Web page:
How to See the 2019 Geminid Meteor Shower Peak Tonight, Despite Bright Moon

So far, 2019 has been a disaster if you are an enthusiastic watcher of “shooting stars.”

That’s because many of the principal meteor showers have been severely hindered by bright moonlight. Generally speaking, if the moon’s phase lies somewhere between first quarter and full or between full phase and last quarter, and is above the horizon when a meteor shower is due to occur, the light of the moon will no doubt outshine all but the brightest streaks. 

This year, the April Lyrids, August Perseids, October Orionids, and November Taurids and Leonids have all run up against interference from the moon.

Related: Best Night Sky Events of December 2019 (Stargazing Maps)

And now, to add insult to injury, the final and worst scenario occurs this weekend, when the very best and the most reliable of the annual meteor displays will fall just two days after a full moon. The Geminid meteors are scheduled to reach their peak during the overnight hours of Friday (Dec. 13), into the predawn hours of Saturday (Dec. 14). 

The moon will also be in the sky all through these hours. It will be 95% illuminated, shining at a dazzling magnitude of -12, more than 600 times brighter than Venus, appearing like a spotlight and shining smack-dab in the middle of the constellation Gemini, from which the meteors appear to radiate (hence their name, “Geminids”). The brilliant moonlight will likely hide all but the brightest meteors. 

Bummer!

A gorgeous, green meteor flies toward the northern lights in this stunning image by astrophotographer Matthew Skinner. He captured the meteor over a mountain range near Palmer, Alaska just after midnight on Dec. 14, 2017, when the Geminid meteor shower was at its peak. To the left of the meteor, a lime-green aurora peeks out from the top of the mountain range. (Image credit: Matt Skinner/Lights Out Photography)Graceful, colorful and spectacular — maybe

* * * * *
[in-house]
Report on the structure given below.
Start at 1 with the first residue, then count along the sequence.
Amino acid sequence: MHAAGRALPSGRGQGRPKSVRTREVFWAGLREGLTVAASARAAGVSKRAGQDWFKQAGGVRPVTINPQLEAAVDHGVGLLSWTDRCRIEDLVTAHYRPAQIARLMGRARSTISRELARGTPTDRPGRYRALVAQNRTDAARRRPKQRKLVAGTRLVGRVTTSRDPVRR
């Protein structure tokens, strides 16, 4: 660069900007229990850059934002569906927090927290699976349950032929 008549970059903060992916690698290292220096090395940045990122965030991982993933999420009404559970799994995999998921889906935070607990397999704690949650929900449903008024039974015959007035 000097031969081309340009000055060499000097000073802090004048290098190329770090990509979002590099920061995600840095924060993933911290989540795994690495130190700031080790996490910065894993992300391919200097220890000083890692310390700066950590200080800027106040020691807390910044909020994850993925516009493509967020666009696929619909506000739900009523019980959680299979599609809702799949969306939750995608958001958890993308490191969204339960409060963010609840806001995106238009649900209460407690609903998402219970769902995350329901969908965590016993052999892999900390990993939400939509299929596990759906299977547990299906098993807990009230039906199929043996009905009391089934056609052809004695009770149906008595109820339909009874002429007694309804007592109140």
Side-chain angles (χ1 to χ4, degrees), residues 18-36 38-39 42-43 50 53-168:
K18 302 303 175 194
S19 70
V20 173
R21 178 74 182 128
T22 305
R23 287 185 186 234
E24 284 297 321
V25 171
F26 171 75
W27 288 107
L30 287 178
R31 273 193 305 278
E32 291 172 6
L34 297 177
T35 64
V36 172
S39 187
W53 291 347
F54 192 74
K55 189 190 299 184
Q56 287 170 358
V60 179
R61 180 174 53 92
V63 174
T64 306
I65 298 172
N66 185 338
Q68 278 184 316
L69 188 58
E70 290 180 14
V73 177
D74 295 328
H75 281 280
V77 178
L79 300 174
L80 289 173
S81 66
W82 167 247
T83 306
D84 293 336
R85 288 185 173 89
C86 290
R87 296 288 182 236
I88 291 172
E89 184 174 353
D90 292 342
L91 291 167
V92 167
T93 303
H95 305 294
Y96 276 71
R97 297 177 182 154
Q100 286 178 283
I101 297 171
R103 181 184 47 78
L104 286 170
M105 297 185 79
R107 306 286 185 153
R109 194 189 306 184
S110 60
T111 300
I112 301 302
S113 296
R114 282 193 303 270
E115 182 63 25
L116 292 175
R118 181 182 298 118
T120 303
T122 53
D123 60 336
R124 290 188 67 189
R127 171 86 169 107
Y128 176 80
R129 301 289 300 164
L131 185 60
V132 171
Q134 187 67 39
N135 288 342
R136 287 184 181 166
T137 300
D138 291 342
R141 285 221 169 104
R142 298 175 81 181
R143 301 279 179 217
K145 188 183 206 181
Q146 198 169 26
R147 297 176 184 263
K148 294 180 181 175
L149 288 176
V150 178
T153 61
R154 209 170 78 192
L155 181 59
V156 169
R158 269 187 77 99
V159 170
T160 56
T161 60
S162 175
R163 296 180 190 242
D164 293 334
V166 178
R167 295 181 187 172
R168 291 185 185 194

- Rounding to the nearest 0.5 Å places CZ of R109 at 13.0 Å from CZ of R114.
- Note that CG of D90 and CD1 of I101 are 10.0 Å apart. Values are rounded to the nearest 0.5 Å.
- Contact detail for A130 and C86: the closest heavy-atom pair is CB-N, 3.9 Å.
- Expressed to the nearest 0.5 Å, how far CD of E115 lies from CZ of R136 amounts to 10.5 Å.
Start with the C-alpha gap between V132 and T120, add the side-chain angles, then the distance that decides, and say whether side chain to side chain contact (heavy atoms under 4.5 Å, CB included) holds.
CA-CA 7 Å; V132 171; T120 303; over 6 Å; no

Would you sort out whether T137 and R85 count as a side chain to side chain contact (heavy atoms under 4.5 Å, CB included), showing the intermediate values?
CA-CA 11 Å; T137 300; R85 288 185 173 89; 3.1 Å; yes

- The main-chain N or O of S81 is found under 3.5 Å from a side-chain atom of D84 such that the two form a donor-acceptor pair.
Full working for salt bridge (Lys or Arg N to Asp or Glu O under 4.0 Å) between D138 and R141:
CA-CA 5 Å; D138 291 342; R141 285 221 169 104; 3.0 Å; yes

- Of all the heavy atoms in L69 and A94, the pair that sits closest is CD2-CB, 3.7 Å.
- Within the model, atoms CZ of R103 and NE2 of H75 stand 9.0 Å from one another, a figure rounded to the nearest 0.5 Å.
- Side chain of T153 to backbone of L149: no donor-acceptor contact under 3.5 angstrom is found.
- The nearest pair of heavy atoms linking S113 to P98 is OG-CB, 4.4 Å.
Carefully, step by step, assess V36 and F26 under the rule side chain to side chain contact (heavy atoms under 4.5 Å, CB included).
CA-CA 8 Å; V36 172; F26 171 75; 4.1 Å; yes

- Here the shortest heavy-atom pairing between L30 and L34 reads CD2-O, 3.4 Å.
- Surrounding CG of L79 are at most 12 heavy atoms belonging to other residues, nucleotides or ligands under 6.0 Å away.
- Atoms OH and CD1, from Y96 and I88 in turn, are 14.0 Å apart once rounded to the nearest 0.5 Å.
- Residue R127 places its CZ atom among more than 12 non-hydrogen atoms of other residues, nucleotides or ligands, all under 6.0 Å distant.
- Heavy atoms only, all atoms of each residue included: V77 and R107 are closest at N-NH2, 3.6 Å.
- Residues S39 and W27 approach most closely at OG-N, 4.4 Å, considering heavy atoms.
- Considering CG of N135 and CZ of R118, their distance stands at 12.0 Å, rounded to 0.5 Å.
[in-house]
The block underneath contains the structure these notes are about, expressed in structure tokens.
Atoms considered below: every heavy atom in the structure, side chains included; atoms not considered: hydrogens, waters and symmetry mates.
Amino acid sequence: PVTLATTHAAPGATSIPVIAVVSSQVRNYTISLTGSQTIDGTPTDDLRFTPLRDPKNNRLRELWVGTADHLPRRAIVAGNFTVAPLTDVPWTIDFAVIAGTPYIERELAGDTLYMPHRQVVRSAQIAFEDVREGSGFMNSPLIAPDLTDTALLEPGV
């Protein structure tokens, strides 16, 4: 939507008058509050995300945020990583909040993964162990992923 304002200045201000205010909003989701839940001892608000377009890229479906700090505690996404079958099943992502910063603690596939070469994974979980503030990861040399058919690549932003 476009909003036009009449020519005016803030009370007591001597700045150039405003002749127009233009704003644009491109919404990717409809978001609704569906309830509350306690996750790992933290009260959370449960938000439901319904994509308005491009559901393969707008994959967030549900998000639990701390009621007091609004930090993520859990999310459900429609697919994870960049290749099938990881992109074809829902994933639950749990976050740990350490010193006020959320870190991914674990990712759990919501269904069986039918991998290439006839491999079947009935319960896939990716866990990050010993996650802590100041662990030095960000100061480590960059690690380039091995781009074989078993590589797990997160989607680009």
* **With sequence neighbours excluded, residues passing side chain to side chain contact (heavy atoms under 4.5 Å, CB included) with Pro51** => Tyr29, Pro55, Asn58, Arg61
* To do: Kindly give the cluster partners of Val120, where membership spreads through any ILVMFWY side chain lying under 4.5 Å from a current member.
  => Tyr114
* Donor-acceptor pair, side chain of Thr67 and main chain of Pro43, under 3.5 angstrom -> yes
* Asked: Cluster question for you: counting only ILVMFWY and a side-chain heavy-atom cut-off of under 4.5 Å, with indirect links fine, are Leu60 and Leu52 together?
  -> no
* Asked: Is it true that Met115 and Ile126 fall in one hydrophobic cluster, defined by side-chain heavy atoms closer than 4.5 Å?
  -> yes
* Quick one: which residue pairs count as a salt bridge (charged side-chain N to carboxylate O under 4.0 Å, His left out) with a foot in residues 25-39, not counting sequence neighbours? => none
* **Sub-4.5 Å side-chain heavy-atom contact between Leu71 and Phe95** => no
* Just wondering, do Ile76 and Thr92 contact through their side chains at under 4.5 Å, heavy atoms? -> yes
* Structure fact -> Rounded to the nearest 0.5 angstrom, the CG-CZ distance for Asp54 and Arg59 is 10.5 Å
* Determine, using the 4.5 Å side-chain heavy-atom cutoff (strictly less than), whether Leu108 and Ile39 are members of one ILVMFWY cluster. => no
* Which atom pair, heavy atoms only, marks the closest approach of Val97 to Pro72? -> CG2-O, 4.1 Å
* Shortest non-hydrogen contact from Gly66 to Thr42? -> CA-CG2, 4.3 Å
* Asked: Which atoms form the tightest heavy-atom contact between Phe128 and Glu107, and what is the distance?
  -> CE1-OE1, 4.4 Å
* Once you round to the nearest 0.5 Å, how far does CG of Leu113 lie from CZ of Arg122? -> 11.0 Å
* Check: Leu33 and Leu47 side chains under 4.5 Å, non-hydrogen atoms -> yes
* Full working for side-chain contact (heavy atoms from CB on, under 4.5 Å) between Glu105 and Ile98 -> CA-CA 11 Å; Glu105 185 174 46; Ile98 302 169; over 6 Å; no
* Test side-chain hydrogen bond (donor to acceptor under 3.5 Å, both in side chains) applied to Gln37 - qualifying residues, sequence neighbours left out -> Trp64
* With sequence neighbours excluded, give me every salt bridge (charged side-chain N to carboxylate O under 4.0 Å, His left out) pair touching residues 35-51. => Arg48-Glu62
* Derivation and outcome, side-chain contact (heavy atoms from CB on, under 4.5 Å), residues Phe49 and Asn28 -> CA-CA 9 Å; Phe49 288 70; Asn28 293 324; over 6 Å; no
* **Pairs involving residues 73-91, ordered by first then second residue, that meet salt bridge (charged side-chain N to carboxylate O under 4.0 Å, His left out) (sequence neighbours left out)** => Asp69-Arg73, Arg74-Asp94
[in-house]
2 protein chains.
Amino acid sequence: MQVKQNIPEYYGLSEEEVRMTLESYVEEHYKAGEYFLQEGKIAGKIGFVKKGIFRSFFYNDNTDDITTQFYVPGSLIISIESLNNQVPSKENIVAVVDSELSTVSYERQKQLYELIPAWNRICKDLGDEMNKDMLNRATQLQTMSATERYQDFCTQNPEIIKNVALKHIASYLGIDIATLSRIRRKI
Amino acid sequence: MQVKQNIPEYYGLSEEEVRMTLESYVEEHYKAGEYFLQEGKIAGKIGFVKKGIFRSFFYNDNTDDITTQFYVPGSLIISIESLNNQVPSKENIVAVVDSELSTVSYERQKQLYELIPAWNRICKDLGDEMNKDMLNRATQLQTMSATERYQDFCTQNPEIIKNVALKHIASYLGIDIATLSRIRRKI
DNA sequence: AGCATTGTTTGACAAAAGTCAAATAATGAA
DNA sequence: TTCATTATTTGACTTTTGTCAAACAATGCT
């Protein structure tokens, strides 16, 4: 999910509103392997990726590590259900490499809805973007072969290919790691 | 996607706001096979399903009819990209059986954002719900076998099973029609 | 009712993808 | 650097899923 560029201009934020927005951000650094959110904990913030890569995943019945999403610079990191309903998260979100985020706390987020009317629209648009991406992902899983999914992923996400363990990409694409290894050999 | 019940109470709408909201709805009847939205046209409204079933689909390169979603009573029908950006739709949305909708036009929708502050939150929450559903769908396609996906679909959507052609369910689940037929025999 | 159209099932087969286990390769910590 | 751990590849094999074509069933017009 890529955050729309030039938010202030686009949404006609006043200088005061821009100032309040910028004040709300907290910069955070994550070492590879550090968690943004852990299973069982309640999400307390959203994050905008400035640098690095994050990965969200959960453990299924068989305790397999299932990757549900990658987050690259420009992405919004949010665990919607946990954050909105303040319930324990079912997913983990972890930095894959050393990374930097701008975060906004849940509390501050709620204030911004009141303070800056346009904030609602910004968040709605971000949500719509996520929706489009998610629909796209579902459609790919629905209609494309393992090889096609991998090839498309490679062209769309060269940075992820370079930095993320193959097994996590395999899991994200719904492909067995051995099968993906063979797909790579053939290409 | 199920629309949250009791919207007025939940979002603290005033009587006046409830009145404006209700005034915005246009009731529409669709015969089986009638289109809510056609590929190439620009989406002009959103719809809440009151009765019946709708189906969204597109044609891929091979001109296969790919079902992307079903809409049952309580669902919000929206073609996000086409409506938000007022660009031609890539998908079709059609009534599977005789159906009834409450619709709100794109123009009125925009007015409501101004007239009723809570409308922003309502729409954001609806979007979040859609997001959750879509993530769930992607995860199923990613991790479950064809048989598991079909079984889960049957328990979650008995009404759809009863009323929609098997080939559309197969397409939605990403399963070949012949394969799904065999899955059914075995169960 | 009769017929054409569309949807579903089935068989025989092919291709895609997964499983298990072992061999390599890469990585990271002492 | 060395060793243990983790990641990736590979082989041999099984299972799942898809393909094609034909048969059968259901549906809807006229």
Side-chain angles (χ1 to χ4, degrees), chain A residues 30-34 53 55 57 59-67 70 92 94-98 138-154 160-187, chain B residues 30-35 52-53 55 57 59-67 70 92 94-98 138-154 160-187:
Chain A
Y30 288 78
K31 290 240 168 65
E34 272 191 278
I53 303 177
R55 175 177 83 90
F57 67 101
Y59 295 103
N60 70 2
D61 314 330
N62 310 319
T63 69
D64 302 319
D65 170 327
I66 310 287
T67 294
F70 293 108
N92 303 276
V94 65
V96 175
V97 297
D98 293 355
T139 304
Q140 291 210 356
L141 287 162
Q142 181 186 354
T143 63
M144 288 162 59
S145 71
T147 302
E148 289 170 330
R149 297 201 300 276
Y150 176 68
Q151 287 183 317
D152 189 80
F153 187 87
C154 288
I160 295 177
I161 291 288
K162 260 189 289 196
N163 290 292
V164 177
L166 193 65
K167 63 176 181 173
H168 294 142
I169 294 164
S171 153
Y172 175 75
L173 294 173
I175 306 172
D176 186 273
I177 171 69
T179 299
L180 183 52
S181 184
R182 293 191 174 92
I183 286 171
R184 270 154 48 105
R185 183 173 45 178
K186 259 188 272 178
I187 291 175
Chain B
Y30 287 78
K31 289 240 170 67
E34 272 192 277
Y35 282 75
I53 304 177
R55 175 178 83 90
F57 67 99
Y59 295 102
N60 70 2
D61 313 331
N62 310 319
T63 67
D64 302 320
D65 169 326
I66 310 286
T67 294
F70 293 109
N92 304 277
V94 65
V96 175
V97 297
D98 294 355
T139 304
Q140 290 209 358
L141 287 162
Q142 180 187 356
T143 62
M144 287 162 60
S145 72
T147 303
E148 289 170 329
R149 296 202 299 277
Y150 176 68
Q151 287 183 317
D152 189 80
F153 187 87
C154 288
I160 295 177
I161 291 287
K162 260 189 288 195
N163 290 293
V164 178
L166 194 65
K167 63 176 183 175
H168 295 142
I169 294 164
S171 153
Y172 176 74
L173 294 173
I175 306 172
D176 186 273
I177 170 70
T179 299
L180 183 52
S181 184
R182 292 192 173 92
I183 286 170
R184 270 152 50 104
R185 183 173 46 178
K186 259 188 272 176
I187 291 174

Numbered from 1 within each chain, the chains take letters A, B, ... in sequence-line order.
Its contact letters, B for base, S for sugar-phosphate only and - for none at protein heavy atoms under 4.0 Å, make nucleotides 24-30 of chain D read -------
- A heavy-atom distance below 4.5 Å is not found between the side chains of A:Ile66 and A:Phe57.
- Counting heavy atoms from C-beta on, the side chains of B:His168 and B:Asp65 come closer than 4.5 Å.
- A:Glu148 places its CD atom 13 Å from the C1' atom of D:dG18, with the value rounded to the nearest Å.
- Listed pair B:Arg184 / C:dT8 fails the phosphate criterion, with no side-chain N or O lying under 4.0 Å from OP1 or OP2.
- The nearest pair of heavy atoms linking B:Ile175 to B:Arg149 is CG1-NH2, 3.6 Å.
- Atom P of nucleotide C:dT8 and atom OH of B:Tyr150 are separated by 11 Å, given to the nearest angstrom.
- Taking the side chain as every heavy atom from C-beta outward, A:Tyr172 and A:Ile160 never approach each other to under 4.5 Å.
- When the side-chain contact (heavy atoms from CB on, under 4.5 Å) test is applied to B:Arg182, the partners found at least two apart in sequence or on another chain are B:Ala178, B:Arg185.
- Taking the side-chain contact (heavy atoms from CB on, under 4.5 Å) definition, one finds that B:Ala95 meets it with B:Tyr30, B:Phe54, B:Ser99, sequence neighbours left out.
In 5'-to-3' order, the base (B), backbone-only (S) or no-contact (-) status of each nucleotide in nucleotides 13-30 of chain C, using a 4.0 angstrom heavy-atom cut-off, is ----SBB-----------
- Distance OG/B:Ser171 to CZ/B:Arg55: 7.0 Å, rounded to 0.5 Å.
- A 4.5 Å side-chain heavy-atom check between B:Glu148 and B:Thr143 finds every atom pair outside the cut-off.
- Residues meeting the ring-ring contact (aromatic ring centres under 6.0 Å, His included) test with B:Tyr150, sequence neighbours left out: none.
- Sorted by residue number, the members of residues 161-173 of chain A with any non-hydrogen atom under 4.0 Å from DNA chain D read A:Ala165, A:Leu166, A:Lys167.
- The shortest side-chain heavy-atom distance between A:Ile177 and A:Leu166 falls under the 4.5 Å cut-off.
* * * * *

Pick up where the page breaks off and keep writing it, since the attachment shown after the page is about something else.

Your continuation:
The Geminids are often described as “bright and intensely colored,” and are typically plentiful, with as many as 120 meteors per hour for a single observer in the absence of moonlight, something that is all but out of reach this year.

And we can offer a solution to the moon problem — call it “damage control” — for the 2019 Geminids.

On Saturday evening, the moon will not rise until shortly after 7 p.m. local time. The radiant of the Geminid meteors (situated near the bright star Castor) will come above the northeast horizon just as evening twilight is ending, around 6 p.m. 

That short window of dark skies — from about 6 to 7 p.m. — will probably offer you the best chance this year of seeing a few bright Geminids flitting across the sky. Early Saturday evening, there is a fair chance of catching sight of some “Earth-grazing” meteors: long, bright shooting stars that streak overhead from a point near or just below the horizon.

Such meteors are so distinctive because they follow very long paths nearly parallel to our atmosphere. In this year’s Geminids, look for meteors racing almost straight up from the northeast horizon to a point ending overhead.

Astrophotographer Jeff Berkes captured this photo of a Geminid meteor over Assateague Island National Seashore in Maryland on Dec. 14, 2018, at 5 a.m. local time.  (Image credit: Jeff Berkes/Instagram/Facebook)2020 will be a gem for the Geminids 

As bad as the viewing circumstances are for this year’s Geminids, next year will be quite a different story. The shower’s peak is expected during the evening hours of Dec. 14. Typically, the peak should last for about 10 hours centered on 9 p.m. EST.

That means that skywatchers in eastern North America will be in excellent position to view the Geminids at their prospective 120 meteors per hour maximum when Gemini is situated overhead at 2 a.m. And if you’re wondering about the moon, it will be new, with no moonlight in the sky. In short, perfect viewing conditions! 

I, for one, can hardly wait.

Joe Rao serves as an instructor and guest lecturer at New York’s Hayden Planetarium. He writes about astronomy for Natural History magazine, the Farmers’ Almanac and other publications. Follow us on Twitter @Spacedotcom and on Facebook.  

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Source: space.com

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